Search Images Maps Play YouTube News Gmail Drive More »
Sign in
Screen reader users: click this link for accessible mode. Accessible mode has the same essential features but works better with your reader.

Patents

  1. Advanced Patent Search
Publication numberUS3691543 A
Publication typeGrant
Publication dateSep 12, 1972
Filing dateFeb 8, 1971
Priority dateFeb 8, 1971
Also published asCA955682A1, DE2202747A1, DE2202747B2, DE2202747C3
Publication numberUS 3691543 A, US 3691543A, US-A-3691543, US3691543 A, US3691543A
InventorsMueller Francis E
Original AssigneeIbm
Export CitationBiBTeX, EndNote, RefMan
External Links: USPTO, USPTO Assignment, Espacenet
Positioning system including servo track configuration and associated demodulator
US 3691543 A
Abstract
The invention relates to a positioning system which provides a series of adjacent servo tracks, the boundary between adjacent servo tracks defining a path for the servo system to follow. The servo track configuration generating an output signal in a transducer which has positive pulses for synchronization and negative pulses for positioning information and gain control information. A demodulator is used for separating the synchronization signal from the position and gain control signals. The synchronization signal is used to separate portions of the positioning and gain control signal so as to generate a positioning signal that is indicative of the position of the transducer with respect to the servo tracks and for generating an automatic gain control signal for the demodulator itself.
Images(2)
Previous page
Next page
Claims  available in
Description  (OCR text may contain errors)

United States Patent Mueller [54] POSITIONING SYSTEM INCLUDING SERVO TRACK CONFIGURATION AND ASSOCIATED DEMODULATOR [72] Inventor: Francis E. Mueller, San Jose, Calif.

[73] Assignee: International Business Machines Corporation, Arrnonk, NY.

[22] Filed: Feb. 8, 1971 [21] Appl. No.: 113,484

[52] U.S. Cl. ..340/l74.1 B

[51] Int. Cl. ..Gllh 5/02 [58] Field of Search..340/174.l G, 174.1 H, 174.1 B, 340/174.l C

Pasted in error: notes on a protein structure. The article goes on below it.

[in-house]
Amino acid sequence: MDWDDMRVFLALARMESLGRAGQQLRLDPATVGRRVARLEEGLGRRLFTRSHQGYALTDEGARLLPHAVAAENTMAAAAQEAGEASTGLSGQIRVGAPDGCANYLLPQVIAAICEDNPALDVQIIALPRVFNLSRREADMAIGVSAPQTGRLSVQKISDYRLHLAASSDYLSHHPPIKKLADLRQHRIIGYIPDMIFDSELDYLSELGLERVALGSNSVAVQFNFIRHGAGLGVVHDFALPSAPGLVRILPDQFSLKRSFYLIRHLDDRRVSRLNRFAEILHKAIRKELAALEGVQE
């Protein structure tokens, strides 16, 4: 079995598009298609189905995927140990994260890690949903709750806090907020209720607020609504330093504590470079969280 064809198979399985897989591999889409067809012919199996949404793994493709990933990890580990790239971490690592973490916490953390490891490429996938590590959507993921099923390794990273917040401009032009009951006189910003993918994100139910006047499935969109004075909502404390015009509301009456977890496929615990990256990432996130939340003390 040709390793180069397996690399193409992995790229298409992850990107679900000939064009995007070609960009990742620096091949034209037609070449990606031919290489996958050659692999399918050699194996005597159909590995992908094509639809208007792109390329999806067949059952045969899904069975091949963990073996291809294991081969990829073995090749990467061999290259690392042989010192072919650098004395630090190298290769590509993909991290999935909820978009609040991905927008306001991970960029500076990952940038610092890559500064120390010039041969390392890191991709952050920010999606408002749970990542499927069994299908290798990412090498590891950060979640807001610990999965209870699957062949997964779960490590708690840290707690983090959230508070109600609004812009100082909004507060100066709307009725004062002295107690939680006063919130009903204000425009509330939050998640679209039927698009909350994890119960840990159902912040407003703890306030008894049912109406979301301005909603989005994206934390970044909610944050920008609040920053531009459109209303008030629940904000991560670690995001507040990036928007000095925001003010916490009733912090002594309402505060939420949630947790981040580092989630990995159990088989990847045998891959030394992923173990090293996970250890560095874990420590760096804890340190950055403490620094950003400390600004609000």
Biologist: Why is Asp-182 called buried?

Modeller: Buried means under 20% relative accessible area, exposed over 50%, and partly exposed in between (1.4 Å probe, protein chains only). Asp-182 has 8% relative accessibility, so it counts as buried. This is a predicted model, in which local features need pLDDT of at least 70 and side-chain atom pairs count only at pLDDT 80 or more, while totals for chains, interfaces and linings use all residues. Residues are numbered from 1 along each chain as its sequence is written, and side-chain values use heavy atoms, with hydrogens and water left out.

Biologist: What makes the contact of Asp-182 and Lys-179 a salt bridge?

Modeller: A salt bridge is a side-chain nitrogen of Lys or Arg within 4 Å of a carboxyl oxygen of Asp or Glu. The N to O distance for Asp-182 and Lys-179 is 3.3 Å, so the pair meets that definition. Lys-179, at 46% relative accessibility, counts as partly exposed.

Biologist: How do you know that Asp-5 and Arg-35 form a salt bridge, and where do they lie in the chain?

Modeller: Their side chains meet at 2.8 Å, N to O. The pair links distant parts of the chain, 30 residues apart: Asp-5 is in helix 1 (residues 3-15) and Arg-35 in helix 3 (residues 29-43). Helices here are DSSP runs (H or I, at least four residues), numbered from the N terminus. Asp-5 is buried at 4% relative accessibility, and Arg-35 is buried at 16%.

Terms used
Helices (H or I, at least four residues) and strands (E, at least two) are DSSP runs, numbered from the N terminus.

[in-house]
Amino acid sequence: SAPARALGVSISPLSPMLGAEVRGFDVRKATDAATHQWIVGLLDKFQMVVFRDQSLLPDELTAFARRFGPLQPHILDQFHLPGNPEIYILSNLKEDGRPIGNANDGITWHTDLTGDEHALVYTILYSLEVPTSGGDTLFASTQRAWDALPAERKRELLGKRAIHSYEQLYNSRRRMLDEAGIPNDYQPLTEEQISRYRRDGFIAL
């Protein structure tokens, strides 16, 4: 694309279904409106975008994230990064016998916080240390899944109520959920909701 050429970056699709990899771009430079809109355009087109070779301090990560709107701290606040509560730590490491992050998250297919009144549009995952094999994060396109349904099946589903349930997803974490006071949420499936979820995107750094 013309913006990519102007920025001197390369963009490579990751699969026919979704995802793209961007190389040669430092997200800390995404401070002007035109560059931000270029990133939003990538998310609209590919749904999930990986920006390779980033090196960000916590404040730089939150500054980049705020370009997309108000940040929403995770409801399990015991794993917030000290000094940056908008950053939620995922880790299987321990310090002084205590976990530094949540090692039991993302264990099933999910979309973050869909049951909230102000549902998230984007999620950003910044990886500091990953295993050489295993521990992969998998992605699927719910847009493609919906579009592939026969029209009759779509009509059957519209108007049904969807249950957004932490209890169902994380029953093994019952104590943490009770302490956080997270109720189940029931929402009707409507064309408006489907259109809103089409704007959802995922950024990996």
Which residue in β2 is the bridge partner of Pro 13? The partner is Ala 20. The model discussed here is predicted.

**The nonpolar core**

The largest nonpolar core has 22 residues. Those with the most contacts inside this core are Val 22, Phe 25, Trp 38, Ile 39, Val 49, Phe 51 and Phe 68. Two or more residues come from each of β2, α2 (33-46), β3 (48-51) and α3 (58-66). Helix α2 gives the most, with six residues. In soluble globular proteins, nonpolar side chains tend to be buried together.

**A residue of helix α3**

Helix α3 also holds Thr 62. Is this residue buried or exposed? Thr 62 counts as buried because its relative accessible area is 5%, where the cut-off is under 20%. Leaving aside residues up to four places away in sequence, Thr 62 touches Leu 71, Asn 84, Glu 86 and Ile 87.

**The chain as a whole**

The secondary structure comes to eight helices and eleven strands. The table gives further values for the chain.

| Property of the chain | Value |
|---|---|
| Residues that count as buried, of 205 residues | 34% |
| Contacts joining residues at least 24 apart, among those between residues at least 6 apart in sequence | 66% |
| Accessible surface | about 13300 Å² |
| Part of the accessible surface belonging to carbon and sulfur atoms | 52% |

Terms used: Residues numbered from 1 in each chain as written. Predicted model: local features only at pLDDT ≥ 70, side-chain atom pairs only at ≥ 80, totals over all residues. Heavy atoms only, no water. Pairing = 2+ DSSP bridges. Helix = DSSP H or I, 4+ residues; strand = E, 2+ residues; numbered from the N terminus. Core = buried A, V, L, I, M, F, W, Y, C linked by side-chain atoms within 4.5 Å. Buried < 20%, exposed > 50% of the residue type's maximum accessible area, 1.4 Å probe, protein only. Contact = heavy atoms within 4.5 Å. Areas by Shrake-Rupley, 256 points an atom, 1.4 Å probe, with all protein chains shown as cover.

[56] References Cited UNITED STATES PATENTS 3,593,333 7/1971 Oswald ..340/174.1 B

3,185,972 5/1965 Sippel ..340/l74.1 C

3,391,400 7/1968 Chao ..340/l74.1 B

3,534,344 10/1970 Santana ..340/174.1 C

3,479,664 11/1969 Williams et a1. ....340/174.1 C

[451 Sept. 12, 1972 3,304,542 2/1967 Sutton et a]. ..340/ 174.1 B 3,492,670 1/1970 Ault et al. ..340/ 174.1 B 3,263,031 7/1966 Welsh ..340/ 174.1 C

Primary Examiner-Vincent P. Canney Attorney-Hanifin & Jancin and! Edward M. Suden [57] ABSTRACT The invention relates to a positioning system which provides a series of adjacent servo tracks, the boundary between adjacent servo tracks defining a path for the servo system to follow. The servo track configuration generating an'output signal in a transducer which has positive pulses for synchronization and negative pulses for positioning information and gain control information. A demodulator is used for separating the synchronization signal from the position and gain control signals. The synchronization signal is used to separate portions of the positioning and gain control signal so as to generate a positioning signal that is indicative of the position of the transducer with respect to the servo tracks and for generating an automatic gain control signal for the demodulator itself.

10 Claims, 12 Drawing Figures SW0 1 I! I rII /I2 H I PEAK PULSE FREE TRANSDUCER DETECTOR SHAPER RUNNING I I MV I I I I I POSITIONING I H H 5mm l I GATE DEIE c IIJR f I I n ,19 COMPARATOR I PEAK GATE DETECTOR I I a 21 I ADDER 22 COMPARATOR PATENTEDSEP 12 I972 3,691. 543